Hypertension is simple to prevent, simple to diagnose, and simple to treat but according to the Heart and Stroke Foundation, one in three South Africans live with the condition.
The CEO of the South African chapter of the foundation Professor Pamela Naidoo said high blood pressure is responsible for 1 in every 2 strokes and 2 in every 5 heart attacks.
“High blood pressure is known as a ‘silent killer’ because there are rarely any symptoms or visible signs to warn that blood pressure is high. That is why more than 50% of people with high blood pressure are unaware of their condition,” said Naidoo.
It has also been identified as one of the underlying medical conditions driving risks for developing severe illness and hospitalisation among COVID-19 patients. Naidoo said while hypertension is responsible for over 13% of all deaths globally, COVID-19 has increased its incidence.
Covid-19 and hypertension
“Research found that the risk of hospitalisation, severe illness, and death for Covid 19 is much higher in patients with diabetes and hypertension. Hypertensive people have a two-fold increased risk of dying from Covid 19,” said Naidoo.
World Hypertension Day is celebrated annually on the 17th of May. Its aim is to educate the public and increase awareness of hypertension, which is also commonly known as high blood pressure.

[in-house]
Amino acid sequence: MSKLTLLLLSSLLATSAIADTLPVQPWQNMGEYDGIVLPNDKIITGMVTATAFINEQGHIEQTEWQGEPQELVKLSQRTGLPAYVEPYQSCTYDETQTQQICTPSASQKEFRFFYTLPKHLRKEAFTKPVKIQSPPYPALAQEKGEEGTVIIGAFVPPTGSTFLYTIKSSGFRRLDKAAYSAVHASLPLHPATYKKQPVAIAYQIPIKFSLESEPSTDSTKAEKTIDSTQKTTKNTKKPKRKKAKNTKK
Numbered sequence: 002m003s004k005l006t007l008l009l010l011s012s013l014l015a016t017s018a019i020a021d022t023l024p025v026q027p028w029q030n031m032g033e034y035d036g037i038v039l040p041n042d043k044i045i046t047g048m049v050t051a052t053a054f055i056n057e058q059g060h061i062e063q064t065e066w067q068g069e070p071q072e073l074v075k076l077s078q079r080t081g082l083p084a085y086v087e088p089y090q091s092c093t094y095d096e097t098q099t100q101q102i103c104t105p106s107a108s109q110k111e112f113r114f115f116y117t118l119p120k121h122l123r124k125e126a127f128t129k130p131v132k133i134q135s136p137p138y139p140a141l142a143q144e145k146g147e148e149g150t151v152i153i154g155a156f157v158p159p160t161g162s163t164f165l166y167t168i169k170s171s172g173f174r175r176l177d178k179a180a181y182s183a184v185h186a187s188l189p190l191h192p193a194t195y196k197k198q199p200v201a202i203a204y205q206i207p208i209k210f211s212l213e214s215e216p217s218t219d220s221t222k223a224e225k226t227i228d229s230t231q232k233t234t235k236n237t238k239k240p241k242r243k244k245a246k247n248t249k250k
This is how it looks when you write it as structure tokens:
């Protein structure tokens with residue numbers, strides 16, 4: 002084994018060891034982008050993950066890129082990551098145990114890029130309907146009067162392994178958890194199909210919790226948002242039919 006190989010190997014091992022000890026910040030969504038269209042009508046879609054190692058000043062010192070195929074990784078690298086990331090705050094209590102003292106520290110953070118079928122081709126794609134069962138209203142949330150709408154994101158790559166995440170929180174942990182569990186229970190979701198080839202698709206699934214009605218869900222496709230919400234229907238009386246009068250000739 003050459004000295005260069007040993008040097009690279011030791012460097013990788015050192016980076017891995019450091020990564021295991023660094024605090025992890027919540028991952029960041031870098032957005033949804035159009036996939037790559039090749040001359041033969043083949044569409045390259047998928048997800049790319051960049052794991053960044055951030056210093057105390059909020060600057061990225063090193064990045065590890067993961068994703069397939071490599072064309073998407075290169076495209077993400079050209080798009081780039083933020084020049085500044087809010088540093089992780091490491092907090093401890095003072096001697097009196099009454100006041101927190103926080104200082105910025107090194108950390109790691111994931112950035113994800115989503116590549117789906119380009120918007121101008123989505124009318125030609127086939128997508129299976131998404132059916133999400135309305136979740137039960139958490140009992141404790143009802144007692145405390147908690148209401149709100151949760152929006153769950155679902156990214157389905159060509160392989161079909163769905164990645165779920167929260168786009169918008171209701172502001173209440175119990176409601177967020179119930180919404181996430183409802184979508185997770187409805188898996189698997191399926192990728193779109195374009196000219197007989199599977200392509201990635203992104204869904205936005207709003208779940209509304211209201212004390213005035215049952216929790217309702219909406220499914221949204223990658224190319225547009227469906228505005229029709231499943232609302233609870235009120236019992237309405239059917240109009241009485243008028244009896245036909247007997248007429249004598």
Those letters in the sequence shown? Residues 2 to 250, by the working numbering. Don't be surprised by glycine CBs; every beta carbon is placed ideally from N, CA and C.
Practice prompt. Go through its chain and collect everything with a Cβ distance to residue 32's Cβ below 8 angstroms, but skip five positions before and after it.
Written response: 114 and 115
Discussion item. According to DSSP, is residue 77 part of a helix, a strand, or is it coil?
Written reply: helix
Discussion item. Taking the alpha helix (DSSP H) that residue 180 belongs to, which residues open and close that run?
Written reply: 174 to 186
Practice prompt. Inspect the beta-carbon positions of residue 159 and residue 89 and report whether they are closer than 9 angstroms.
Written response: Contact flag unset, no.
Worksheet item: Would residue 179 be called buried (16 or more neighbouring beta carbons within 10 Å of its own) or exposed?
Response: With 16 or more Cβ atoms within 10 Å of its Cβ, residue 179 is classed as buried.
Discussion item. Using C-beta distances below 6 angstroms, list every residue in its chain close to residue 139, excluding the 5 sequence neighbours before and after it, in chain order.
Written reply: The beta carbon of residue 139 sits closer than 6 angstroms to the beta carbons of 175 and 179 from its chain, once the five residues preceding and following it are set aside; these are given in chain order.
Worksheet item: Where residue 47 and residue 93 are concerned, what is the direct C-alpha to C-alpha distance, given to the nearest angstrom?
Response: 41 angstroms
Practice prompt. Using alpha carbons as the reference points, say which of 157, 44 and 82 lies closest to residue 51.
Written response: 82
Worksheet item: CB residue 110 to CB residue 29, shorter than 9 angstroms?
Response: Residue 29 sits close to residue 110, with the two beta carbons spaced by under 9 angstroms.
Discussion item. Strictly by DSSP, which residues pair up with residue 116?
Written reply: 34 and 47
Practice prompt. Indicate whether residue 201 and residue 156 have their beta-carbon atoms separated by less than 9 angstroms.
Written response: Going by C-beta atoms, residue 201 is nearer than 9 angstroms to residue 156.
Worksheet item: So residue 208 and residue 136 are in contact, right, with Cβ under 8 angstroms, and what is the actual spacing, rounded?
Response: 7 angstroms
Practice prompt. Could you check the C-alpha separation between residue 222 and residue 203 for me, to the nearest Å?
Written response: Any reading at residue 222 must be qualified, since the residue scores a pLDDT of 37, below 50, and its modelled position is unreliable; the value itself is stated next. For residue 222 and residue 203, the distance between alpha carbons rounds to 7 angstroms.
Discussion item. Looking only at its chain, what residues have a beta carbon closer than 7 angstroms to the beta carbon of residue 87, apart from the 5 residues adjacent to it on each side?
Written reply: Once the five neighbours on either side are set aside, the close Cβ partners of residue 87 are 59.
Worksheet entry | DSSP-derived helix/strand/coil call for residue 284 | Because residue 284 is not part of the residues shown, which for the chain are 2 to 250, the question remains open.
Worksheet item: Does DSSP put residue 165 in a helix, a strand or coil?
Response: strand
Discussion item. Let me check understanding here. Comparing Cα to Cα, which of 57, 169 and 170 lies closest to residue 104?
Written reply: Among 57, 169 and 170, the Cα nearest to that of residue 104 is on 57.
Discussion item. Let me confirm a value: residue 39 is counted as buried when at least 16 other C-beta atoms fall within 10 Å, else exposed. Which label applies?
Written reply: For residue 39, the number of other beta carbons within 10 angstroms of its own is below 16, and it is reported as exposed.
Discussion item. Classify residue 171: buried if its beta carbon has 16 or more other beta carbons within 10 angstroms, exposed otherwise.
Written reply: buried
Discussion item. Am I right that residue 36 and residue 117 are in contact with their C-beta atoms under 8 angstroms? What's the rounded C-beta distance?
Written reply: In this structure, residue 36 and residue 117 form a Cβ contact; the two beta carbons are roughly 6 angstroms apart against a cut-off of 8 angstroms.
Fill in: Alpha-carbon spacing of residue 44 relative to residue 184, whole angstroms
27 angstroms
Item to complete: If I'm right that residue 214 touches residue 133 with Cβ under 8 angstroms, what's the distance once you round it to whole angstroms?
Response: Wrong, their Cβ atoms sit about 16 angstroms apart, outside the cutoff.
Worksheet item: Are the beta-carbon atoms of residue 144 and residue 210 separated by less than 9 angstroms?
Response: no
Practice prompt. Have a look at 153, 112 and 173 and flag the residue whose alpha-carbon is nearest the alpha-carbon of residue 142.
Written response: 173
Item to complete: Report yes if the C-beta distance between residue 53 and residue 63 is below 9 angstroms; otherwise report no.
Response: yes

Hypertension is defined as the high persistent force of the blood flowing through the blood vessels. Fluctuations in blood pressure are normal which is why it is only diagnosed when it remains high on several occasions or when it is dangerously high on one occasion.
According to the World Health Organisation hypertension can increase the risk of heart, brain, kidney, and other diseases and it is also a major cause of premature death worldwide, with upwards of 1 in 4 men and 1 in 5 women, -while over a billion people have the condition.
Increased rates of hypertension in teens
Worryingly, over the last decade, there has been an increase in the number of children diagnosed with the condition, especially among pre-teens.
“Rates of High blood pressure in children and adolescents have increased in the last 20-years. Kidney disease is the most common secondary cause of hypertension in children and adolescents.,” said Naidoo.
Naidoo said healthy behaviour changes could help to prevent hypertension.
“It is important to measure your blood pressure accurately and know your blood pressure status and control it by taking your medication to live longer even if you are hypertensive.”
Regularly testing your blood pressure, especially if you are over the age of 40, is the most effective way to lower your risks.
“Fortunately, high blood pressure is treatable and preventable. Hypertension is a condition that needs to be managed for the rest of your life. Hypertension treatment prolongs life and prevents cardiac failure,” she said.- Health-e News